(Reuters) - Industrial output was flat for a second straight month in March, held back by a drop in manufacturing, according to a Federal Reserve report on Tuesday that suggested a cooling in factory activity.
Economists polled by Reuters had expected industrial production to increase 0.3 percent last month.
For the first quarter as a whole, industrial production rose at an annual rate of 5.4 percent, with manufacturing advancing at a 10.4 percent pace - the largest gain since the second quarter of 2010.
Last month, manufacturing activity was dragged down by a sharp decline in the production of nonmetallic mineral products. Auto production increased 0.6 percent after rising 0.8 percent in February.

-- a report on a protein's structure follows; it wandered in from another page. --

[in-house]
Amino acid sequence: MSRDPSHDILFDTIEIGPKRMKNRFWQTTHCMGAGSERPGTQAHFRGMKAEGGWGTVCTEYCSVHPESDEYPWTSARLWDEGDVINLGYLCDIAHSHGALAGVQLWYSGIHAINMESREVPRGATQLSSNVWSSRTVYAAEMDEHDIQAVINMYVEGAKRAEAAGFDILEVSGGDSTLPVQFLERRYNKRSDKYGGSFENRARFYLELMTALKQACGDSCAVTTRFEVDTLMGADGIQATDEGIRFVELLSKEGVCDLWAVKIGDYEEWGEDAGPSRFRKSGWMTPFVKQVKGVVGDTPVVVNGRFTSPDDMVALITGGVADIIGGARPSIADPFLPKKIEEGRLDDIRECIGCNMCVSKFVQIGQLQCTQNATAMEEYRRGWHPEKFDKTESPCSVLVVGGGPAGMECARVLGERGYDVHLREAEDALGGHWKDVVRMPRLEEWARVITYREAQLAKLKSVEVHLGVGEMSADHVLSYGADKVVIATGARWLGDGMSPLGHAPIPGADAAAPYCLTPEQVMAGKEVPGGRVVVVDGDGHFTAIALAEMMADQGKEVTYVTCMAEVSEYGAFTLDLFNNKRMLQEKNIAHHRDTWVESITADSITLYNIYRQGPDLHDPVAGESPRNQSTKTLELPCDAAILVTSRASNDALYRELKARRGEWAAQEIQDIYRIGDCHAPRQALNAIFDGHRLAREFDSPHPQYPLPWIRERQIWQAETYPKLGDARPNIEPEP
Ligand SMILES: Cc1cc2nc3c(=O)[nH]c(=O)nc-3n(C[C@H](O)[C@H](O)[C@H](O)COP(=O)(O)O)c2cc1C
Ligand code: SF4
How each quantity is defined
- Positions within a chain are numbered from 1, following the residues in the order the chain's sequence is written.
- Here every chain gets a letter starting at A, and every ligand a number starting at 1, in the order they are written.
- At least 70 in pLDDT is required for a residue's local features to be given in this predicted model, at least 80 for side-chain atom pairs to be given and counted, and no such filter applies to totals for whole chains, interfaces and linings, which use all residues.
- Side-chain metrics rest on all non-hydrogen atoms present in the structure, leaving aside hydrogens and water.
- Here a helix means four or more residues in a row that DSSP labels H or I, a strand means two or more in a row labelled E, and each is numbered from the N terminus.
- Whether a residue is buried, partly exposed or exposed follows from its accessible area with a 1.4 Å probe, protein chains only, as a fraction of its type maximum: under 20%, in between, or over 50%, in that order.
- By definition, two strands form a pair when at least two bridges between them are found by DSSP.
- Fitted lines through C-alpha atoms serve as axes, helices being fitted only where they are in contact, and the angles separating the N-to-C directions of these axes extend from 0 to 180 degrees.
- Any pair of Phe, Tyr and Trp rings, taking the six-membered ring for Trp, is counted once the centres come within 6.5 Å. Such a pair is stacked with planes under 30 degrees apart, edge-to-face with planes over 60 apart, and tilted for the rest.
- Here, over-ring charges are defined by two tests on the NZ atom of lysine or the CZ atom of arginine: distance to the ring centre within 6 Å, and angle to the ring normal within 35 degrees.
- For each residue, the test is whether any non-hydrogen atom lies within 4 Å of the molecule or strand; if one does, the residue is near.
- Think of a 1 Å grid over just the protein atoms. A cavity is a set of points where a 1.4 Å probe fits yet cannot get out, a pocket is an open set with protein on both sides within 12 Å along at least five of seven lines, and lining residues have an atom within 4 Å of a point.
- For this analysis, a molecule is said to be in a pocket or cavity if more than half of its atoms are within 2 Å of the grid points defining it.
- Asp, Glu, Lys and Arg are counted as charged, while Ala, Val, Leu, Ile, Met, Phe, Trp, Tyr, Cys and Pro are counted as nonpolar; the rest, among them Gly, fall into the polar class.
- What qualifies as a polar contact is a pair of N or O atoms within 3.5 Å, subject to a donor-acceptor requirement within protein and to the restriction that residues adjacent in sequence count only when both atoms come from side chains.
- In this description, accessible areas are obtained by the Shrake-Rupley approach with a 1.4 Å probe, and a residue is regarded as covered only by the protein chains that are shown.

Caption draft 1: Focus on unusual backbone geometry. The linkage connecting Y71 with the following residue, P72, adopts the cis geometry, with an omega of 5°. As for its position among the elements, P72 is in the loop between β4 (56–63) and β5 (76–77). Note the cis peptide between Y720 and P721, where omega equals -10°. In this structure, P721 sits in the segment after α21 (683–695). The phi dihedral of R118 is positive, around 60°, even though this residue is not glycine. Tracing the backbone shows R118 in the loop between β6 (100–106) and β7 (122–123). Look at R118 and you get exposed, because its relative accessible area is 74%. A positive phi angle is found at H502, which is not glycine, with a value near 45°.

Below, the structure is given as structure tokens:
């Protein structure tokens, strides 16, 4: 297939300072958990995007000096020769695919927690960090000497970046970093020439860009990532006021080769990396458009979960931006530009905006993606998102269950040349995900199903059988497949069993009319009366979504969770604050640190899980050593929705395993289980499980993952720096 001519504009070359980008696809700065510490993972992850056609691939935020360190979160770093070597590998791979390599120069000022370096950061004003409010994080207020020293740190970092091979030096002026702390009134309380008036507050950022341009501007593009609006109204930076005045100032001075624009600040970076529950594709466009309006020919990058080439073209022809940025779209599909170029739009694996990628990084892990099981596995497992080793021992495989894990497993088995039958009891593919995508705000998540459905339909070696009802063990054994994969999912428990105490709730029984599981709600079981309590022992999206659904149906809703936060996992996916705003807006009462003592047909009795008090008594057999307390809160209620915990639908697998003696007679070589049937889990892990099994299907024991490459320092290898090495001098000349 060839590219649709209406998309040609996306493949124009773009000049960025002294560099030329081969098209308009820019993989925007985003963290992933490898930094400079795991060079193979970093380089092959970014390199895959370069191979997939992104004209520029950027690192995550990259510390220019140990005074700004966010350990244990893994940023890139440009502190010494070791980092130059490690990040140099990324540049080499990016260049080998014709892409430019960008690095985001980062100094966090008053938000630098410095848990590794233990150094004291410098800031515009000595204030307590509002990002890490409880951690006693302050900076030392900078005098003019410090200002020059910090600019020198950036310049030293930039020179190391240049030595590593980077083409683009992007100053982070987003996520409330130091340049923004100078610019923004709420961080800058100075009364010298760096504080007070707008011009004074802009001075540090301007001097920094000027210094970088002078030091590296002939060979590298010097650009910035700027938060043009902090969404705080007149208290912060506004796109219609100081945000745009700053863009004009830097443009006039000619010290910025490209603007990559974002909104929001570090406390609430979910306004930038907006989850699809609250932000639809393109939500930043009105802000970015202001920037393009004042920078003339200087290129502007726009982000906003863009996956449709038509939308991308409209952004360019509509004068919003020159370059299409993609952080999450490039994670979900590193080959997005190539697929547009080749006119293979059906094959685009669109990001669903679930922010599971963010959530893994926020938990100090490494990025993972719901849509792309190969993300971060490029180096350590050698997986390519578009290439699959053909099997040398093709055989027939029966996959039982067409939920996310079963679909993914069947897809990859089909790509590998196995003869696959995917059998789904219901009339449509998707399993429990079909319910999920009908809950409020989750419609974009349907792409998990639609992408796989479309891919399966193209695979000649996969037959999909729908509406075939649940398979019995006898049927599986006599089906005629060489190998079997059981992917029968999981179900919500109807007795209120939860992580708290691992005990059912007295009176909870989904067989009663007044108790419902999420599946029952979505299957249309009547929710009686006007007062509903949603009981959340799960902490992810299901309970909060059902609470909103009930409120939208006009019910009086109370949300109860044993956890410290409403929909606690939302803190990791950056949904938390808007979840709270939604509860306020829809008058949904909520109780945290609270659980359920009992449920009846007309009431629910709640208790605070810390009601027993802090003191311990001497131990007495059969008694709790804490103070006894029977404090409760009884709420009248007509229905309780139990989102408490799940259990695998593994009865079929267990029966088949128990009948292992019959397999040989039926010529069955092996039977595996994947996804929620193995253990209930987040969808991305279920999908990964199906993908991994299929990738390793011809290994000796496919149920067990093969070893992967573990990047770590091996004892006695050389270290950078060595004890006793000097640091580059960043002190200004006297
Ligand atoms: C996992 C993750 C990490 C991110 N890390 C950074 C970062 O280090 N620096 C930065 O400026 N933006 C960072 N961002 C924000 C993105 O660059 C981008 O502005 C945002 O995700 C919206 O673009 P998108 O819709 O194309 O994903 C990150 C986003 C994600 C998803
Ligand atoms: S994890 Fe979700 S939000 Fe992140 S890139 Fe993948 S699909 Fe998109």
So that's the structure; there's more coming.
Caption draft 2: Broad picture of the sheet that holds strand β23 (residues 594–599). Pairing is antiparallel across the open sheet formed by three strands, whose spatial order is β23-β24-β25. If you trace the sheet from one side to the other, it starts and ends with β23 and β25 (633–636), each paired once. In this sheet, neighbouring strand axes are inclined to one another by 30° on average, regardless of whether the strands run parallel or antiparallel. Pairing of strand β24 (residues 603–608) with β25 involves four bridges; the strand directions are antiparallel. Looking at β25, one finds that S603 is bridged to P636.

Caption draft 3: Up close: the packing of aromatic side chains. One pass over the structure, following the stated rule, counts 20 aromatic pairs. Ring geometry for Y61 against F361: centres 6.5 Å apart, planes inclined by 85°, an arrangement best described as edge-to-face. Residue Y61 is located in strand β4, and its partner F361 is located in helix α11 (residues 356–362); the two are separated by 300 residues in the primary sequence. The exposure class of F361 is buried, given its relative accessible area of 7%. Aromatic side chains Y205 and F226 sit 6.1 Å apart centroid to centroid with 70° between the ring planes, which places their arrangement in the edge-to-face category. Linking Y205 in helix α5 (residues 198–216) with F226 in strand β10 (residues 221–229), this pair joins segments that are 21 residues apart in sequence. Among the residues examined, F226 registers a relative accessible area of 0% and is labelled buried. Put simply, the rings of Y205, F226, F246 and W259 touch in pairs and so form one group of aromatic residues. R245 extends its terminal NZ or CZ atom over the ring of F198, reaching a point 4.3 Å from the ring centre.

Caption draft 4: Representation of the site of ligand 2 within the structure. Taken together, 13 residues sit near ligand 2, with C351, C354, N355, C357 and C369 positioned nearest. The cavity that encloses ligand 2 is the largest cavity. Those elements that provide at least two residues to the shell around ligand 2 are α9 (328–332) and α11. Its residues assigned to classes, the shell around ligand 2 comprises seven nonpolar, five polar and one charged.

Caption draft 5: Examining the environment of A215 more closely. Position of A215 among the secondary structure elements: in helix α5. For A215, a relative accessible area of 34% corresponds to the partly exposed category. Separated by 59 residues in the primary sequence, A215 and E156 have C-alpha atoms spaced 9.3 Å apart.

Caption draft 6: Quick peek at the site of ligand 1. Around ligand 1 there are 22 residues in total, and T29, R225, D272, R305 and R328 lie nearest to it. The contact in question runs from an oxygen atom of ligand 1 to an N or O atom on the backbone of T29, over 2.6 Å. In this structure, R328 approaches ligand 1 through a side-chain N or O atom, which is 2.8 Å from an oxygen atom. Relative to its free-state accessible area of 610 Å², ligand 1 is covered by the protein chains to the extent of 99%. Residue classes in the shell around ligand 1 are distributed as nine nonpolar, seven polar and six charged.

Utilities output increased 1.5 percent after edging up 0.1 percent in February. Production at mines rose 0.2 percent after falling 4.0 percent the prior month.
Capacity utilization, a measure of how fully firms are using their resources, fell to 78.6 percent from 78.7 percent in February. That was 1.7 percentage points below its long run average.
Officials at the Fed tend to look at utilization measures as a signal of how much "slack" remains in the economy -- how far growth has room to run before it becomes inflationary.
(Reporting By Lucia Mutikani; Editing by Chizu Nomiyama)
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